Watch Leonardo DiCaprio's Powerful Speech on Climate Change at the UN

Watch Leonardo DiCaprio's Powerful Speech on Climate Change at the UN

Days after joining 400,000 citizens in a call for action on climate change at the People's Climate March in downtown Manhattan, actor Leonardo DiCaprio offered world leaders a glaring choice on climate change. World leaders have a stark decision before them on climate change, he said: "You can make history or you can be vilified by it."

DiCaprio appeared as one of many speakers slated to deliver remarks at the U.N.'s Climate Summit in New York City. 

"None of this is rhetoric and none of this is hysteria. It is fact," said DiCaprio, who serves as the United Nations' "messenger of peace." "As an actor, I pretend for a living. I play fictitious characters often solving fictitious problems. I believe that mankind has looked at climate change in the same way, as a fiction," he said. "But I think we all know better than that now."

"This is not a partisan debate, it is a human one," he continued. "Clean air and a livable climate are inalienable human rights."

Here are DiCaprio's full remarks:

Thank you, Mr. Secretary-General, your excellencies, ladies and gentleman, and distinguished guests. I'm honored to be here today. I stand before you not as an expert but as a concerned citizen, one of the 400,000 people who marched in the streets of New York on Sunday, and the billions of others around the world who want to solve our climate crisis.

As an actor, I pretend for a living. I play fictitious characters often solving fictitious problems. I believe humankind has looked at climate change in that same way: as if it were a fiction, happening to someone else's planet, as if pretending that climate change wasn't real would somehow make it go away.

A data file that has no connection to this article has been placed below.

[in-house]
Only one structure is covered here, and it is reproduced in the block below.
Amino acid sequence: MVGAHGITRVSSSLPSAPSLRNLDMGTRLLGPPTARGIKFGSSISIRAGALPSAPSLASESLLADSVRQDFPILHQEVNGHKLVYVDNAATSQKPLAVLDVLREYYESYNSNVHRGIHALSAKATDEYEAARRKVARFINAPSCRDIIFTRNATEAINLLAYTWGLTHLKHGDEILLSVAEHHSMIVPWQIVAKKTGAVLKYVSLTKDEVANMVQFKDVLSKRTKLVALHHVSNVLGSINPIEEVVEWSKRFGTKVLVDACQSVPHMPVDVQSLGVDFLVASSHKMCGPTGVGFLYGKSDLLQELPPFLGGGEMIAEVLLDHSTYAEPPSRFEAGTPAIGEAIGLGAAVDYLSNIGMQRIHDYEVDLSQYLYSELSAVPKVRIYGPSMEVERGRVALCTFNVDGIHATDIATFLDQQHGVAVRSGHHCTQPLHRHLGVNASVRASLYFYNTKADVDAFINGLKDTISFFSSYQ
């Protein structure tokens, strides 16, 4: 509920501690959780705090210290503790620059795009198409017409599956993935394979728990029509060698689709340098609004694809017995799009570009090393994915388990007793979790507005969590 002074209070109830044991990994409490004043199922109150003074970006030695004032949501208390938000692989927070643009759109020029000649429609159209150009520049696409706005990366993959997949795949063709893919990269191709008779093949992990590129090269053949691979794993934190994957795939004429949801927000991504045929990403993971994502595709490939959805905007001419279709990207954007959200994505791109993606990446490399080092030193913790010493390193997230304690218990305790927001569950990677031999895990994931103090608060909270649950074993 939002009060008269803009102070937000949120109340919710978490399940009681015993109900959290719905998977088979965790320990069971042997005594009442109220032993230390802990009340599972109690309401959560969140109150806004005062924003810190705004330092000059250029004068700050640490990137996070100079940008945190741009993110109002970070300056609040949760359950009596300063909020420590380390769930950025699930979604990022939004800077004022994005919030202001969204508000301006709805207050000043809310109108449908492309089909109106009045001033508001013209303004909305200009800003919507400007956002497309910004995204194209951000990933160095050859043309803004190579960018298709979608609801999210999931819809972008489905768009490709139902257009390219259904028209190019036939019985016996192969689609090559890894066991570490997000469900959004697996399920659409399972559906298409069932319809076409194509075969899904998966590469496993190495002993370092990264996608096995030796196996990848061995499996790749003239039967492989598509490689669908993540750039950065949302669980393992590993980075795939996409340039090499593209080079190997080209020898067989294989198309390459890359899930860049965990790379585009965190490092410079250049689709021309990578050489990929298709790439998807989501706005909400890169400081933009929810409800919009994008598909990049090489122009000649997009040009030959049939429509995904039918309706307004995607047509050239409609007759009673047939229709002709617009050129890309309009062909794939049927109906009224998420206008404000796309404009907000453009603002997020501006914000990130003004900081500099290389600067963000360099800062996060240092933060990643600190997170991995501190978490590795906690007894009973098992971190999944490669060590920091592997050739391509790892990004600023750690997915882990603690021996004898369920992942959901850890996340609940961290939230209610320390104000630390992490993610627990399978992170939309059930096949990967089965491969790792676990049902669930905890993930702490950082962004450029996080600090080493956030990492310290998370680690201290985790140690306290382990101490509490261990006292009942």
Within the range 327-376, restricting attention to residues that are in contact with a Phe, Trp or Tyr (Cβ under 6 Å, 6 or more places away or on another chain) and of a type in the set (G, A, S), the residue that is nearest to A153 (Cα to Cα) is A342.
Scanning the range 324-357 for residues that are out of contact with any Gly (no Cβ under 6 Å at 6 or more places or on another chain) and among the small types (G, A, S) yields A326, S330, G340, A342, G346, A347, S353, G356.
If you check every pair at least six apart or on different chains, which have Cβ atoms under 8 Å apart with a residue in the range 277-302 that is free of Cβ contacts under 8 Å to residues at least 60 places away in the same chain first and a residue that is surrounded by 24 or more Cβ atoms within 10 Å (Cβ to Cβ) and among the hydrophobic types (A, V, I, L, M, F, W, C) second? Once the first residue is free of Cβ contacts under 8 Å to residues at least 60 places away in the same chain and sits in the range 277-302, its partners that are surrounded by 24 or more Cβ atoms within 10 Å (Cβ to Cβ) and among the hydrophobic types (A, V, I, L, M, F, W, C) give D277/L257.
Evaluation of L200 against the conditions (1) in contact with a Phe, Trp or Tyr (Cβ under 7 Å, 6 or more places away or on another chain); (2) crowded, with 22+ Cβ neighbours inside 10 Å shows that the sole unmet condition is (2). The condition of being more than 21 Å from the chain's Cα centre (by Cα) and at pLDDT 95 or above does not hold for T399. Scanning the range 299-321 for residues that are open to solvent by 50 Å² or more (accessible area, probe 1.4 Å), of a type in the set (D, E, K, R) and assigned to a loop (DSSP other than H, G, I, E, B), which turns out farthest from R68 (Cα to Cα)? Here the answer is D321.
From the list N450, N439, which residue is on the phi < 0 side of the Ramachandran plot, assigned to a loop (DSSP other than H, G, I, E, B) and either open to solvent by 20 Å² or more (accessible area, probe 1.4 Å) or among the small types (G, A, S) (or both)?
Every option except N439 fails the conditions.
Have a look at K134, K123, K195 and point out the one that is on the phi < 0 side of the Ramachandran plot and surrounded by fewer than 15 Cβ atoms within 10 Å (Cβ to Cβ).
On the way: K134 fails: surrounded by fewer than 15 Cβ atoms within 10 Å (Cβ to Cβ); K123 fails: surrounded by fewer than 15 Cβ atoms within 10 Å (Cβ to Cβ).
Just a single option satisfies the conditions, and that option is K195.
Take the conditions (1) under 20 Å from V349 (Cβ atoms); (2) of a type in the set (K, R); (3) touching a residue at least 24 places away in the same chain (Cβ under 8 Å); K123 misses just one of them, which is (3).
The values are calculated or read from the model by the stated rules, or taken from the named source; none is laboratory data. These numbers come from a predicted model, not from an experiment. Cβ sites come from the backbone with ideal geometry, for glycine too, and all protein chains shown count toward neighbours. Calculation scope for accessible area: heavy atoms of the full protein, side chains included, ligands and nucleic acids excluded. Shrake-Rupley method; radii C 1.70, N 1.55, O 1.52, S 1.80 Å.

But I think we know better than that. Every week, we're seeing new and undeniable climate events, evidence that accelerated climate change is here now. We know that droughts are intensifying. Our oceans are warming and acidifying, with methane plumes rising up from beneath the ocean floor. We are seeing extreme weather events, increased temperatures and the West Antarctic and Greenland ice-sheets melting at unprecedented rates, decades ahead of scientific projections.

None of this is rhetoric, and none of it is hysteria. It is fact. The scientific community knows it, industry and governments know it, even the United States military knows it. The chief of the U.S. Navy's Pacific Command, Adm. Samuel Locklear, recently said that climate change is our single greatest security threat.

My friends, this body – perhaps more than any other gathering in human history – now faces that difficult task. You can make history... or be vilified by it.

To be clear, this is not about just telling people to change their light bulbs or to buy a hybrid car. This disaster has grown beyond the choices that individuals make. This is now about our industries, and governments around the world taking decisive, large-scale action.

I am not a scientist, but I don't need to be. Because the world's scientific community has spoken, and they have given us our prognosis: If we do not act together, we will surely perish.

Now is our moment for action.

We need to put a price tag on carbon emissions, and eliminate government subsidies for coal, gas and oil companies. We need to end the free ride that industrial polluters have been given in the name of a free-market economy. They don't deserve our tax dollars, they deserve our scrutiny. For the economy itself will die if our ecosystems collapse.

The good news is that renewable energy is not only achievable but good economic policy. New research shows that by 2050, clean, renewable energy could supply 100% of the world's energy needs using existing technologies, and it would create millions of jobs.

This is not a partisan debate; it is a human one. Clean air and water and a livable climate are inalienable human rights. And solving this crisis is not a question of politics. It is our moral obligation – if, admittedly, a daunting one. 

We only get one planet. Humankind must become accountable on a massive scale for the wanton destruction of our collective home. Protecting our future on this planet depends on the conscious evolution of our species.

This is the most urgent of times, and the most urgent of messages.

Honored delegates, leaders of the world, I pretend for a living. But you do not. The people made their voices heard on Sunday around the world, and the momentum will not stop. And now it's your turn. The time to answer the greatest challenge of our existence on this planet is now.

I beg you to face it with courage and honesty. Thank you.